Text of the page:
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Nuts and Bolts

........short articles to help our users.

Older--But Still Valid--Flood Maps

FEMA transitioned to digitial maps in the early 2000's, but maps going far back as the 1970's are still in about 400 counties.

These older maps are still valid and are used to determine flood insurance requirements. National Flood Data tracks all changes to the older maps and reconciles them with the new maps.

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What is an API?

An API is a way for two computer systems to communicate with each other. The letters stand for Application Programming Interface. An API allows a service or data to be available to users, generally outside the company offering the API. To take flood data as an example, an insurance company may receive requests for insurance quotes. The insurance company receives an address and would like to determine the quote to offer. The insurance company's software can send the address to National Flood Data automatically. The National Flood Data API receives the address, uns a process within National Flood Data to determine the flood zone and then returns that data to the insurance company.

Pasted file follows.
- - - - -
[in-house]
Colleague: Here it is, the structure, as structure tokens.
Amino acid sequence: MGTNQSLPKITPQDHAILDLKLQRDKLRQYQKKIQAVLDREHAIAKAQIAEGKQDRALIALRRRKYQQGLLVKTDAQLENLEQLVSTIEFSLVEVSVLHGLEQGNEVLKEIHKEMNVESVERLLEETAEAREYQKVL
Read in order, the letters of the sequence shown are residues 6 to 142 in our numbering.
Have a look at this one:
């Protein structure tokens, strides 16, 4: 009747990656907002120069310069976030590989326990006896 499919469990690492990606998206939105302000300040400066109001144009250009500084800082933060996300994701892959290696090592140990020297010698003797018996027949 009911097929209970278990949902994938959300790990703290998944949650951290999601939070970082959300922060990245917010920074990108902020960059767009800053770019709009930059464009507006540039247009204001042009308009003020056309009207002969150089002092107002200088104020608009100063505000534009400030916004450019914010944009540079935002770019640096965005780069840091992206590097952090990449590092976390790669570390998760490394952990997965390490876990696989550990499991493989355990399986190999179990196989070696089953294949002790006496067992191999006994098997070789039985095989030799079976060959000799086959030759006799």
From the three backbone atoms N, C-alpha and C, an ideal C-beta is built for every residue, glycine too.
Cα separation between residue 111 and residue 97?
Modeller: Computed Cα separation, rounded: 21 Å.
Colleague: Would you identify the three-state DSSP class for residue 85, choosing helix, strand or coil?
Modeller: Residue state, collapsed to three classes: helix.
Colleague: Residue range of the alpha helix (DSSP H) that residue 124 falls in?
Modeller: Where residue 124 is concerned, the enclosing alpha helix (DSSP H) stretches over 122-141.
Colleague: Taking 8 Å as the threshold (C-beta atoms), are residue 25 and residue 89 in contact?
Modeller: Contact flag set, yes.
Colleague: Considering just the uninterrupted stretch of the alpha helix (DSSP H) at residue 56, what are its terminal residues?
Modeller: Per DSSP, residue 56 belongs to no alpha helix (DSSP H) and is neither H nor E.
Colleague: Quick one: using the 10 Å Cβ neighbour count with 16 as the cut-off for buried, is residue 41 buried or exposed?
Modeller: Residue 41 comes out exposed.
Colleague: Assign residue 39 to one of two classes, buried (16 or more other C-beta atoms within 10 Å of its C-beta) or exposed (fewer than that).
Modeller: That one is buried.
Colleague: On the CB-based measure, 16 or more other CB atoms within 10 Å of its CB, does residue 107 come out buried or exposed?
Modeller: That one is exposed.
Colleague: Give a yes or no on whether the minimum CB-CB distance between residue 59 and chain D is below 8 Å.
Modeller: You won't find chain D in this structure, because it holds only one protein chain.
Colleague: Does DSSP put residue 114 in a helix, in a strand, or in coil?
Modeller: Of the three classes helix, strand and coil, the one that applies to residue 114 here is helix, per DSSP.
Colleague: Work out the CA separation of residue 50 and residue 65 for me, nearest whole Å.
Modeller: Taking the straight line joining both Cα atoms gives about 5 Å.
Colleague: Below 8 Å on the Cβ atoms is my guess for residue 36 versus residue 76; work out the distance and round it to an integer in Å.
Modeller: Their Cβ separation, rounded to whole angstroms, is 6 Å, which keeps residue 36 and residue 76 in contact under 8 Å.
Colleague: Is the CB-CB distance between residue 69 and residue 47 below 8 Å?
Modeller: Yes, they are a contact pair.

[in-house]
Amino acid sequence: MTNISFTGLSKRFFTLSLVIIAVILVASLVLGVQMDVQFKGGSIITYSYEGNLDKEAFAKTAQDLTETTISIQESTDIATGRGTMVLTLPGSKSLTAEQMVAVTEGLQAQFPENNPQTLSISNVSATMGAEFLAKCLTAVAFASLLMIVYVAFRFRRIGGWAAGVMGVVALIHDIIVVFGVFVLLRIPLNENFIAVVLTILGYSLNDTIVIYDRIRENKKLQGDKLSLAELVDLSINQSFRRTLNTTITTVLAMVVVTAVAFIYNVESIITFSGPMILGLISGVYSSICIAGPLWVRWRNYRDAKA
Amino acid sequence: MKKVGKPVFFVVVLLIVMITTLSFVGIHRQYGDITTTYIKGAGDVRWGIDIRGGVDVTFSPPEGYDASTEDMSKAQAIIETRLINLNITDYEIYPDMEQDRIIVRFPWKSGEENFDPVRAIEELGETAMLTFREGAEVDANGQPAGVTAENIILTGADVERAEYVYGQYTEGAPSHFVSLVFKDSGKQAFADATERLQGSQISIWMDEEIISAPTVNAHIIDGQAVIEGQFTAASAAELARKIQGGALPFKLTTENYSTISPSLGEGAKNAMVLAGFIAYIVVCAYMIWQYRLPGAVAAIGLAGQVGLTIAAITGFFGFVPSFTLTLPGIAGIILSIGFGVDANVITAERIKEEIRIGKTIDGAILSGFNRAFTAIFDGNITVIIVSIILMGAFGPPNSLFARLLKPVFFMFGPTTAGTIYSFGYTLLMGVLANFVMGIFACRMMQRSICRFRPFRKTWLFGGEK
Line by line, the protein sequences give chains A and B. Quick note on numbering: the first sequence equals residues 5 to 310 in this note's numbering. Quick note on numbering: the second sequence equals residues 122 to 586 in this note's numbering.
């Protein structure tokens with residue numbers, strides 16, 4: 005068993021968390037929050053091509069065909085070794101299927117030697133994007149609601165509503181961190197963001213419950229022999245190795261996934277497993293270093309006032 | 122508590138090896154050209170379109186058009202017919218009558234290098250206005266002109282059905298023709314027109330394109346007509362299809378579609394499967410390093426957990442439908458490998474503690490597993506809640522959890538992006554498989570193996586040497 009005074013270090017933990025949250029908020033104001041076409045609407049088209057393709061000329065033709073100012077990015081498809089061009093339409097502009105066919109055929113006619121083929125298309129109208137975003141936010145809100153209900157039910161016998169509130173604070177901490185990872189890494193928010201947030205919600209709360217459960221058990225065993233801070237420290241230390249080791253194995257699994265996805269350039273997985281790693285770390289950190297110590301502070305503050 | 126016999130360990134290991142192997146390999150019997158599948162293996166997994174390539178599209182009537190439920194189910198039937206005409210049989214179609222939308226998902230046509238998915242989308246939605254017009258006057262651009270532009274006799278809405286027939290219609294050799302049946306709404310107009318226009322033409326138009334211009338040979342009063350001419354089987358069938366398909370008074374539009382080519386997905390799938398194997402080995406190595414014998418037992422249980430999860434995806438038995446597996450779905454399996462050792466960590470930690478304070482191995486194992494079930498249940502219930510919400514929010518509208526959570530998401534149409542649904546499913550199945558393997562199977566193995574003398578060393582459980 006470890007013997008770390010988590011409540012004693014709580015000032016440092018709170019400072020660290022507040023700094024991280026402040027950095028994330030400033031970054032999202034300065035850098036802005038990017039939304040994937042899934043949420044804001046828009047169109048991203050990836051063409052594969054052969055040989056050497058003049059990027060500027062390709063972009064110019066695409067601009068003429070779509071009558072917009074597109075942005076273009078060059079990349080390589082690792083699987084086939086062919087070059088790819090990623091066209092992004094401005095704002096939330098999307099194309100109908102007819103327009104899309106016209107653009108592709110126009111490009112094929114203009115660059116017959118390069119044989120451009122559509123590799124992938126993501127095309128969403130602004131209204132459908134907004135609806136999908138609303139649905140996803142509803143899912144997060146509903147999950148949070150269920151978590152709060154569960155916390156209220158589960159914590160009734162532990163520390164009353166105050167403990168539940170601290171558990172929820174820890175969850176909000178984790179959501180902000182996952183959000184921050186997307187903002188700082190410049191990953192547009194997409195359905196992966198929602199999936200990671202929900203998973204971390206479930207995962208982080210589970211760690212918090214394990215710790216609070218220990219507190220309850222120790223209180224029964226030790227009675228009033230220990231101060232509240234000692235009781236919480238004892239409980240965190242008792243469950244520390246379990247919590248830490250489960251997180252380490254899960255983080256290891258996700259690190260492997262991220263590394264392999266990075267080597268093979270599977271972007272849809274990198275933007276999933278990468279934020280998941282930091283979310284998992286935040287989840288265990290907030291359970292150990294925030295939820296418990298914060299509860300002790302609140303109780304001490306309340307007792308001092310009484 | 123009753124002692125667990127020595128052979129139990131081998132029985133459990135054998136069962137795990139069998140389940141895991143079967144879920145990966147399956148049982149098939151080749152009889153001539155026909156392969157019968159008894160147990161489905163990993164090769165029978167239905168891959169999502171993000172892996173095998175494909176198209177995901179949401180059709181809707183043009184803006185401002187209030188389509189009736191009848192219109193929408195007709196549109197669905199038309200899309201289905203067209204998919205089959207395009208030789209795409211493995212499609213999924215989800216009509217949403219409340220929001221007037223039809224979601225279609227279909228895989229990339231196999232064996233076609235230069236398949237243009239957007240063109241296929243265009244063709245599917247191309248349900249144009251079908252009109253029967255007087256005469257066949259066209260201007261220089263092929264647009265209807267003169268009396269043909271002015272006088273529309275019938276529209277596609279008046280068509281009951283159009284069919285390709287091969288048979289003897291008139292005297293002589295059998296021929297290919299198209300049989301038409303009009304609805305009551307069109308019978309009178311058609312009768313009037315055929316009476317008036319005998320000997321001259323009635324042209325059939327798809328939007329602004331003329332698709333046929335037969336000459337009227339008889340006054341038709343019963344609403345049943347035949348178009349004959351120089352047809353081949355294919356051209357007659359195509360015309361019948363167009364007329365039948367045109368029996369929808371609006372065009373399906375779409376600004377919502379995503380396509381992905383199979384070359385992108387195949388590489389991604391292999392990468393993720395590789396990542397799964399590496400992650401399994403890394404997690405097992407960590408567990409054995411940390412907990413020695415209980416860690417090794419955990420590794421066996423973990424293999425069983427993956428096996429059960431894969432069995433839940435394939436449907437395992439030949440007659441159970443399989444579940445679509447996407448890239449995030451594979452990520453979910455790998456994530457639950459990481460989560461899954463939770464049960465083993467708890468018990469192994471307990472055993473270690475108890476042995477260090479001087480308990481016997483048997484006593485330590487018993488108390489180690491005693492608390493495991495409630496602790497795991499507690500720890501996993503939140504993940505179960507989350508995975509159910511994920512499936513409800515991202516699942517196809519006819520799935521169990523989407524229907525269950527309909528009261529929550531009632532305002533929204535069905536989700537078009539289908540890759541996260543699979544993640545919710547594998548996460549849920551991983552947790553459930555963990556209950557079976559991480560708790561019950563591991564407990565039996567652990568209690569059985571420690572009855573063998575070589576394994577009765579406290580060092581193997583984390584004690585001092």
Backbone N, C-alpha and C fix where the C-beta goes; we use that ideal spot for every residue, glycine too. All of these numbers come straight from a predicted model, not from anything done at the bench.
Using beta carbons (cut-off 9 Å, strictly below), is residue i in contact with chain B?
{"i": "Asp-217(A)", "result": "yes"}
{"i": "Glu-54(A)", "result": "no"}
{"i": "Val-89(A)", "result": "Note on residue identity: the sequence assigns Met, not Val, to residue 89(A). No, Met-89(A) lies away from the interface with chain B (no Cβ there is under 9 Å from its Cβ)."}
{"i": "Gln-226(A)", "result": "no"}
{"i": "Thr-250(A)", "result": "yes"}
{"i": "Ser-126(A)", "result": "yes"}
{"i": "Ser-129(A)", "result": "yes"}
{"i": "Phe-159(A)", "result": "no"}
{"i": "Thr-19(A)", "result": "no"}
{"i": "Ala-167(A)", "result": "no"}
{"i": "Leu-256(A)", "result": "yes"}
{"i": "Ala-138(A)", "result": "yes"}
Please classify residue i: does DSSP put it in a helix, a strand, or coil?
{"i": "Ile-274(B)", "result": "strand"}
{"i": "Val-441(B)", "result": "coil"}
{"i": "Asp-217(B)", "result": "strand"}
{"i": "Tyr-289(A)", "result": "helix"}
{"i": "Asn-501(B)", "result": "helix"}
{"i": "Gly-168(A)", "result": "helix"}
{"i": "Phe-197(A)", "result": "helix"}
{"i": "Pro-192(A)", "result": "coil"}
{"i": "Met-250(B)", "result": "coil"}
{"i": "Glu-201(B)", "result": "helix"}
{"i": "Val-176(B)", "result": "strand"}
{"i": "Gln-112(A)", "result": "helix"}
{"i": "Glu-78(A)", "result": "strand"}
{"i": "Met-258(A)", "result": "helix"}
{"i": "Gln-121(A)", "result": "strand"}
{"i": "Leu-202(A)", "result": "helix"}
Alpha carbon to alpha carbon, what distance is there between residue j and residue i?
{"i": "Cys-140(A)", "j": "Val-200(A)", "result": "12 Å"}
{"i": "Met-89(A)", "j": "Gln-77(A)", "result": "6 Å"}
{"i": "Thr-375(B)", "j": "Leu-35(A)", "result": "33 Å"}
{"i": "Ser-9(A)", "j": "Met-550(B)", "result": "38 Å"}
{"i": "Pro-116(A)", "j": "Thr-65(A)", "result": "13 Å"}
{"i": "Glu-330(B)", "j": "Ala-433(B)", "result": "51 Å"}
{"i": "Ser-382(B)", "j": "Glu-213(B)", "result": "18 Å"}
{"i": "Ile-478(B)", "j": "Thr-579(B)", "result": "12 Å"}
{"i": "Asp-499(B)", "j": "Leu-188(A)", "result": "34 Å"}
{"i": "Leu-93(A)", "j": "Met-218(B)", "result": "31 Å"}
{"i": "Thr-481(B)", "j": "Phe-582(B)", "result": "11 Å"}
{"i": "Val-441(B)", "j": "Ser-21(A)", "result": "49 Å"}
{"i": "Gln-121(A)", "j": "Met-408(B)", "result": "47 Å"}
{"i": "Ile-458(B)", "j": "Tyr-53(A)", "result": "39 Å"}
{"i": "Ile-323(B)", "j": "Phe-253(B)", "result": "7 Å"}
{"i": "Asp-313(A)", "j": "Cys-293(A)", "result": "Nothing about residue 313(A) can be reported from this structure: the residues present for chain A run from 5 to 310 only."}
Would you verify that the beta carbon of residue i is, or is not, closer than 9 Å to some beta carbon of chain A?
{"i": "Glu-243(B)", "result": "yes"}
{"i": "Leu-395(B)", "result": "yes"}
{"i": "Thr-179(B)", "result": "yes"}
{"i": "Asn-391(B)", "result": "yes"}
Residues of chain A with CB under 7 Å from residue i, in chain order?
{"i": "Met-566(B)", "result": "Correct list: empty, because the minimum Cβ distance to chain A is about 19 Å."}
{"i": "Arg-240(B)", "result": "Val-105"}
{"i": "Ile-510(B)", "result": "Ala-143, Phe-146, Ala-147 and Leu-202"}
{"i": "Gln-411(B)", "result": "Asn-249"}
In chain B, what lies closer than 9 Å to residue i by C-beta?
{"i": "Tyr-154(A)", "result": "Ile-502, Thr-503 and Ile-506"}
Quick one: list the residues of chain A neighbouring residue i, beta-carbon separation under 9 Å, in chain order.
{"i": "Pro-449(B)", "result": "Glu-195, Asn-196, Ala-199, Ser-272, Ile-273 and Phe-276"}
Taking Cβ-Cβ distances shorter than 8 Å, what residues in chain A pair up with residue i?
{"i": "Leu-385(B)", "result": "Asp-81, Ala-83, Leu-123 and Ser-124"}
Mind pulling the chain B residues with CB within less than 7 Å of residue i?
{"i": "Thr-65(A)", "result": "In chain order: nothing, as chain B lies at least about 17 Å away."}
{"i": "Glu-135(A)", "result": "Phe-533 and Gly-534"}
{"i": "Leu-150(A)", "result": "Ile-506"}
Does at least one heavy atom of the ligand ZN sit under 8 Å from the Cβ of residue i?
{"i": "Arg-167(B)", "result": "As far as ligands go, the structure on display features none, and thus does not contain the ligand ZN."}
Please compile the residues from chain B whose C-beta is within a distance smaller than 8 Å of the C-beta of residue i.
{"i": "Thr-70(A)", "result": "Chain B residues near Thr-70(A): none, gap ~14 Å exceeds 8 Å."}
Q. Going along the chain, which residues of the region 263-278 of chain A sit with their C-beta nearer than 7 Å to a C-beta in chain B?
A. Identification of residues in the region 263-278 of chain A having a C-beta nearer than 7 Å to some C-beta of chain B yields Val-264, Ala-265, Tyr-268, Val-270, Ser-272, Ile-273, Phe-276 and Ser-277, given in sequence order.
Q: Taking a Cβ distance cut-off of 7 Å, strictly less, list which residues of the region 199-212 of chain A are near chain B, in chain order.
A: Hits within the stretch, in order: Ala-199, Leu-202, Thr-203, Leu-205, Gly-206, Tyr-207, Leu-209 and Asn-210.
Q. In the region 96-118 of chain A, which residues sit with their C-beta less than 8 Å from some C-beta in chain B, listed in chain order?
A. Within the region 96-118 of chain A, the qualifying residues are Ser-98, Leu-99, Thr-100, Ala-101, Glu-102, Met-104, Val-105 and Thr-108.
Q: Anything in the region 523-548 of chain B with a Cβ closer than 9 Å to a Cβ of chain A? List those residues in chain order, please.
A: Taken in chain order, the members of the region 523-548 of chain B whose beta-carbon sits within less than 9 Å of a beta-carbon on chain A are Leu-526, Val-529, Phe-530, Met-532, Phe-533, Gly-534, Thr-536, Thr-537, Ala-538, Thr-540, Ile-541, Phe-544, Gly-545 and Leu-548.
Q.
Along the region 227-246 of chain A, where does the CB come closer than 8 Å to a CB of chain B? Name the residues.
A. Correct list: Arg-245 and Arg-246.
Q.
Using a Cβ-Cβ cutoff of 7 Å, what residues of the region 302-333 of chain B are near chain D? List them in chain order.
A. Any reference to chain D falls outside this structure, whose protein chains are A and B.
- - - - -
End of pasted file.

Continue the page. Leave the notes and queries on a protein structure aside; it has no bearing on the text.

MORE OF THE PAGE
An API may sound technical and the formal description may look complicated, but they are very efficient and follow conventions that make them quick and easy to use. Using an API can save an enormous amount of time. Rather than communicating by email, for example, two software systems can communicate automatically. Insurance companies are turning more and more to software to make their work more efficient, and APIs are a key part of this.

See documentation for our API

Main changes in v3 of the API

With v3 of the API, National Flood Data will be able to update flood data daily. This required a few formatting changes, which our users will see in v3. We've also added some new helpful features to make the data better organized and easier to use.

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